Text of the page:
The National Unity Party was an outgrowth of John Anderson's presidential campaign from the 1980 presidential election. Anderson hoped that the party would be able to challenge the "two old parties", which he viewed as being tied to various special interest groups and incapable of responsible fiscal reform. The intention was to organize the new party in California, Oregon, Washington, Illinois, the New England states, and others where his previous candidacy had proven to have experienced the most success. The party was also eligible for $5.8 million in Federal election funds, but its qualification depended on it being on the ballot in at least ten states; however, it remained unclear if National Unity could actually obtain the funds, or if it needed to be Anderson himself.

Anderson initially was against running, hoping that another notable politico would take the party into the 1984 election, and feared that his own candidacy might result in the party being labeled a "personality cult". However no candidate came forward resulting in Anderson becoming the nominee in waiting. While Anderson had managed to find equal support from the Republicans and Democrats in the 1980 election, the grand majority of the former had since switched back, resulting in the new party being supported principally by those who normally would vote Democratic, which it was feared might make him a spoiler candidate. In light of this, in addition to difficulties in getting on the ballot in his targeted states (Utah and Kentucky were the only two, neither among those he intended to prominently campaign in), Anderson ultimately declined to run. Later he would endorse the Democratic nominee, Walter Mondale.

Anderson had hoped that the party would continue to grow and later field a candidate in 1988 (which he declared would not be him), but it floundered and ultimately dissolved.

Libertarian Party Nomination[edit]

Burns was the initial frontrunner for the nomination, but withdrew citing concerns that the party would not be able to properly finance a campaign. The remaining candidates were: Bergland; Ravenal, who had worked in the Department of Defense under Robert McNamara and Clark Clifford; and Ruwart. Bergland narrowly won the presidential nomination over Ravenal. His running mate was James A. Lewis. The ticket appeared on 39 state ballots.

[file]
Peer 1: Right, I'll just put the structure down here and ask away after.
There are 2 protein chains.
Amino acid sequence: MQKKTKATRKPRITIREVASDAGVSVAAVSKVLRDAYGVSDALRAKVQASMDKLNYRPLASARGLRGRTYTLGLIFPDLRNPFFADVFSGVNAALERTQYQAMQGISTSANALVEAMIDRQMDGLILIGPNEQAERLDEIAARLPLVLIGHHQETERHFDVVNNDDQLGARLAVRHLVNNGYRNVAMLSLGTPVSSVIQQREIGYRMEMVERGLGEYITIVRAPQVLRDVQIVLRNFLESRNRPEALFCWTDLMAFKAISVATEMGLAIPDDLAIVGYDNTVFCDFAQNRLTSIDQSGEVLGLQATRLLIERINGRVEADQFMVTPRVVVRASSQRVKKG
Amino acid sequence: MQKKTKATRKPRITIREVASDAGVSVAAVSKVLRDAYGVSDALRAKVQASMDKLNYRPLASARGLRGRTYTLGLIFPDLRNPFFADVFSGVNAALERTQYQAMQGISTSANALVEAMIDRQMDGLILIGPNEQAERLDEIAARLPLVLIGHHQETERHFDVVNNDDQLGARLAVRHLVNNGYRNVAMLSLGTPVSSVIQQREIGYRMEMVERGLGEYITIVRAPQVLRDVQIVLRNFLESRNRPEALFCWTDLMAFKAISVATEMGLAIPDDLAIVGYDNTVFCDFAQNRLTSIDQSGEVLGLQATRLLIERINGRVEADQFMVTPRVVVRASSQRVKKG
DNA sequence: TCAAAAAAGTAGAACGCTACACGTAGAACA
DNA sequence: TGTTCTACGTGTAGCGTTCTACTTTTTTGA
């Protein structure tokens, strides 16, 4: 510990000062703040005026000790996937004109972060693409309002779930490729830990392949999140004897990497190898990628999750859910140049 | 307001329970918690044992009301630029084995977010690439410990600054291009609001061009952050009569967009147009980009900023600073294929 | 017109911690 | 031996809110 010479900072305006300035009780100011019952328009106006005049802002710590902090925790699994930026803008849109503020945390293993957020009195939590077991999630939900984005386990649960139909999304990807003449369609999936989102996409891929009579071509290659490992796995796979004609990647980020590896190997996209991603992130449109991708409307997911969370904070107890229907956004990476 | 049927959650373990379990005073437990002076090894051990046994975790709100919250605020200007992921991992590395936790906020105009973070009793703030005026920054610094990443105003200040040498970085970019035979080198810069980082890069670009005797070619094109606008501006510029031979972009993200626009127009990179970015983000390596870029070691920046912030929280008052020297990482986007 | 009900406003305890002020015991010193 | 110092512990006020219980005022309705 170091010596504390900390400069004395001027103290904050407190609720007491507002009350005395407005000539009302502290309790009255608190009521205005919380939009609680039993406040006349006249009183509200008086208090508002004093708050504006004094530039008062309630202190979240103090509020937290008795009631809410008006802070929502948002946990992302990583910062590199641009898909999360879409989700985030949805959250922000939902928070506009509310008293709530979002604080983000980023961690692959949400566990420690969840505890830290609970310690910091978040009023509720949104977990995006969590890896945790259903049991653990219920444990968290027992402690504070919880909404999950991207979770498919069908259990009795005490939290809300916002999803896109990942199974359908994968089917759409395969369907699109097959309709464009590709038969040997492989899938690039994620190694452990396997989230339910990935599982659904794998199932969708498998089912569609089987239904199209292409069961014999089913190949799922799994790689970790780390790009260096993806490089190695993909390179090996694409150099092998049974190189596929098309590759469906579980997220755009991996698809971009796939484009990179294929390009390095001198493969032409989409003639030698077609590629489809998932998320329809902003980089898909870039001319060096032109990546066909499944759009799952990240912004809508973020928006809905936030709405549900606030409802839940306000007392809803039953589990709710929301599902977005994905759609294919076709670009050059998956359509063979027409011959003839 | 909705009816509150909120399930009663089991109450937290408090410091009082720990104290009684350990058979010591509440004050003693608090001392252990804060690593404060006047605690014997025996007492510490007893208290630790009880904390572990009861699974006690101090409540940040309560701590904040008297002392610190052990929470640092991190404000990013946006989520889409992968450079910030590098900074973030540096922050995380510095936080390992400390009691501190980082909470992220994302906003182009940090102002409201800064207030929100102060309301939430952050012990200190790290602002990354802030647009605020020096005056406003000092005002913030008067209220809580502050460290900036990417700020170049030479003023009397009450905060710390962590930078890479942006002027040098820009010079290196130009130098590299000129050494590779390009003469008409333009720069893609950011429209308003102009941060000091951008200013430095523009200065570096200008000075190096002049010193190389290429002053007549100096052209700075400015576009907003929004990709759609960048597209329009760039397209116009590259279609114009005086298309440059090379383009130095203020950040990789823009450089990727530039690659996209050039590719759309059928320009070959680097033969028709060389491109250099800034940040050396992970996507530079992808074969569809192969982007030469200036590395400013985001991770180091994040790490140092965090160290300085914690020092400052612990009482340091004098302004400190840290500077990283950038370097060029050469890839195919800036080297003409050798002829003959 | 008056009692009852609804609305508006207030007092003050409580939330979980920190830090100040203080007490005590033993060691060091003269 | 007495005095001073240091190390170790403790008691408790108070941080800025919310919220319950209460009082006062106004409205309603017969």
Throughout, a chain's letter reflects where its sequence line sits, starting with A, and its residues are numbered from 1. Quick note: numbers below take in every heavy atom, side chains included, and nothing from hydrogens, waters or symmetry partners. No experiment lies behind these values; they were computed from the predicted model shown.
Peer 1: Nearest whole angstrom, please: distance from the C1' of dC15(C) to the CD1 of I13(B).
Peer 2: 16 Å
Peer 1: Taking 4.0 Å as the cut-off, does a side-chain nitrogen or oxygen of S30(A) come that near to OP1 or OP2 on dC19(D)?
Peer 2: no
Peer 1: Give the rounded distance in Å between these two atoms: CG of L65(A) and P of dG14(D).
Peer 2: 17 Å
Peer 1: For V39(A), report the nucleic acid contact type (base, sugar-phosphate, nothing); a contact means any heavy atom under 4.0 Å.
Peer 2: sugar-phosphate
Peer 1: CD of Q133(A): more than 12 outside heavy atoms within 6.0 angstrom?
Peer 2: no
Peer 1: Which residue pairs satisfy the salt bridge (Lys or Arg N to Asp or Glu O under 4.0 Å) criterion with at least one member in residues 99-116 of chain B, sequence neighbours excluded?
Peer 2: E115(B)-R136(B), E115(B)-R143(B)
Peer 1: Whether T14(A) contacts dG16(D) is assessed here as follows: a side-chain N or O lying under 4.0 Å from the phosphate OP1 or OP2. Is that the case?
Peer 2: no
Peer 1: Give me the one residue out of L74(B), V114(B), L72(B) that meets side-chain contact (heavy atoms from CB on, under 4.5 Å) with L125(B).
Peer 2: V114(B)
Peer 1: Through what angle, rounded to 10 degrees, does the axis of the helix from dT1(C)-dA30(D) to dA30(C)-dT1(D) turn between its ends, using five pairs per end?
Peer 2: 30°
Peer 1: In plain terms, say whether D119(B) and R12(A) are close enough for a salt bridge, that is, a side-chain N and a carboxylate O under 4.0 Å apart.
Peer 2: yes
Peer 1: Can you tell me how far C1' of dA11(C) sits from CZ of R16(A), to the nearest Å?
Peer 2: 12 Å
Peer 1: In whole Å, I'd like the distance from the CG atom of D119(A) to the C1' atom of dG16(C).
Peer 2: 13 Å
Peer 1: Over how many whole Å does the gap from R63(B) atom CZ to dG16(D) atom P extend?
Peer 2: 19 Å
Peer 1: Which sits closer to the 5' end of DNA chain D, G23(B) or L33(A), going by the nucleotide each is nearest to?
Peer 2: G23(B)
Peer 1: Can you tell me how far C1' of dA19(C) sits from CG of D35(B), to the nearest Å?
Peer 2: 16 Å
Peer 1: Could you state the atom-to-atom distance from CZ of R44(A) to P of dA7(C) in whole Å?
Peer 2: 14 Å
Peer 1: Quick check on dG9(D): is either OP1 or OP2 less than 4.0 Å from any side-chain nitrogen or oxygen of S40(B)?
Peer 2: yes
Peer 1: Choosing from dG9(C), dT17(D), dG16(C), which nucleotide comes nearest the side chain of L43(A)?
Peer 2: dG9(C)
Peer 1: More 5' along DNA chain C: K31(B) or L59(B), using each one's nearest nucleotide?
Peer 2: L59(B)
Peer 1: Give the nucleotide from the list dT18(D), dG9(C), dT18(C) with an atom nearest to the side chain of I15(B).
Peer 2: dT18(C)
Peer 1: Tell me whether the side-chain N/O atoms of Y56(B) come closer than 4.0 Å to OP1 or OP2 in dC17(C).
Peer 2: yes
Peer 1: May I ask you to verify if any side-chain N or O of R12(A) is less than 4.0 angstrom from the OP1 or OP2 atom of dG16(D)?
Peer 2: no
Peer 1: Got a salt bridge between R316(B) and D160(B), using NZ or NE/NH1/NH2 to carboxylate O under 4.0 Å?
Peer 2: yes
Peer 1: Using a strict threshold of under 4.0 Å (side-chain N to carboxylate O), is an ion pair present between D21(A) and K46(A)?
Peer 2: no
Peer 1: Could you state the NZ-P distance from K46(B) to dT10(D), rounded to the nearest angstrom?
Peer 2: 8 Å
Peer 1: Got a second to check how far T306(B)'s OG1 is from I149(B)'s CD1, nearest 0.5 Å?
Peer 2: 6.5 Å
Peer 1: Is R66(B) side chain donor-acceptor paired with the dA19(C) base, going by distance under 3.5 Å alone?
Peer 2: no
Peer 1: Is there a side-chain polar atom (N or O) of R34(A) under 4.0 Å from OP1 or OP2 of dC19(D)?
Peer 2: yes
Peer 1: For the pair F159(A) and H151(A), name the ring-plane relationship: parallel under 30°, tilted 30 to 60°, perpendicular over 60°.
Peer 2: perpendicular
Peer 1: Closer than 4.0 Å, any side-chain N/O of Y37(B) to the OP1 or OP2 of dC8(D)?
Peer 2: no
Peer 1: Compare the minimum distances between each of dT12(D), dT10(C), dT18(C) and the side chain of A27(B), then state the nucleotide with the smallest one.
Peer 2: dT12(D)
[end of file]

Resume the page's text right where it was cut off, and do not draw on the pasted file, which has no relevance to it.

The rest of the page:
Communist Party Nomination[edit]

The Communist Party USA ran Gus Hall for President and Angela Davis for Vice President.

General election[edit]

Campaign[edit]

Mondale ran a liberal campaign, supporting a nuclear freeze and the Equal Rights Amendment (ERA). He spoke against what he considered to be unfairness in Reagan's economic policies and the need to reduce federal budget deficits.

While Ferraro's choice was popular among Democratic activists, polls immediately after the announcement showed that only 22% of women were excited about her selection, versus 18% who agreed that it was a "bad idea". 60% of all voters thought that pressure from women's groups had led to Mondale's decision, versus 22% who believed that he had chosen the best available candidate.[44] Some members of the hierarchy of the Roman Catholic Church criticized the Catholic Ferraro for being pro-choice on abortion. Already fighting an uphill battle with voters, Ferraro also faced a slew of allegations, mid-campaign, directed toward her husband, John Zaccaro. These allegations included Zaccaro's possible past involvement in organized crime, pornography distribution, and campaign contribution violations. Ferraro responded to these allegations against her husband by releasing her family tax-returns to the media on August 21, 1984. However, the damage to the campaign was already done.[55]

At a campaign stop in Hammonton, New Jersey, Reagan said, "America's future rests in a thousand dreams inside your hearts. It rests in the message of hope in songs of a man so many young Americans admire, New Jersey's Bruce Springsteen." The Reagan campaign briefly used "Born in the U.S.A.", a song criticizing the treatment of Vietnam War veterans (which they mistakenly thought was devoid of anti-war content), as a campaign song, without permission, until Springsteen, a lifelong Democrat, insisted that they stop.[56]

The Reagan campaign was very skilled at producing effective television advertising. Two of the more memorable ads it produced were commonly known as "Bear in the woods" and "Morning in America".

Reagan was the oldest president to have ever served (he was by this point 73), and there were many questions about his capacity to endure the grueling demands of the presidency, particularly after Reagan had a poor showing in his first debate with Mondale on October 7. He referred to having started going to church "here in Washington", although the debate was in Louisville, Kentucky, referred to military uniforms as "wardrobe," and admitted to being "confused," among other mistakes.[57] In the next debate on October 21, however, Reagan joked "I will not make age an issue of this campaign. I am not going to exploit, for political purposes, my opponent's youth and inexperience." Mondale himself laughed at the joke,[58] and later admitted that Reagan had effectively neutralized the age issue:

If TV can tell the truth, as you say it can, you'll see that I was smiling. But I think if you come in close, you'll see some tears coming down because I knew he had gotten me there. That was really the end of my campaign that night, I think. [I told my wife] the campaign was over, and it was.[59]

Results[edit]

Election results by county.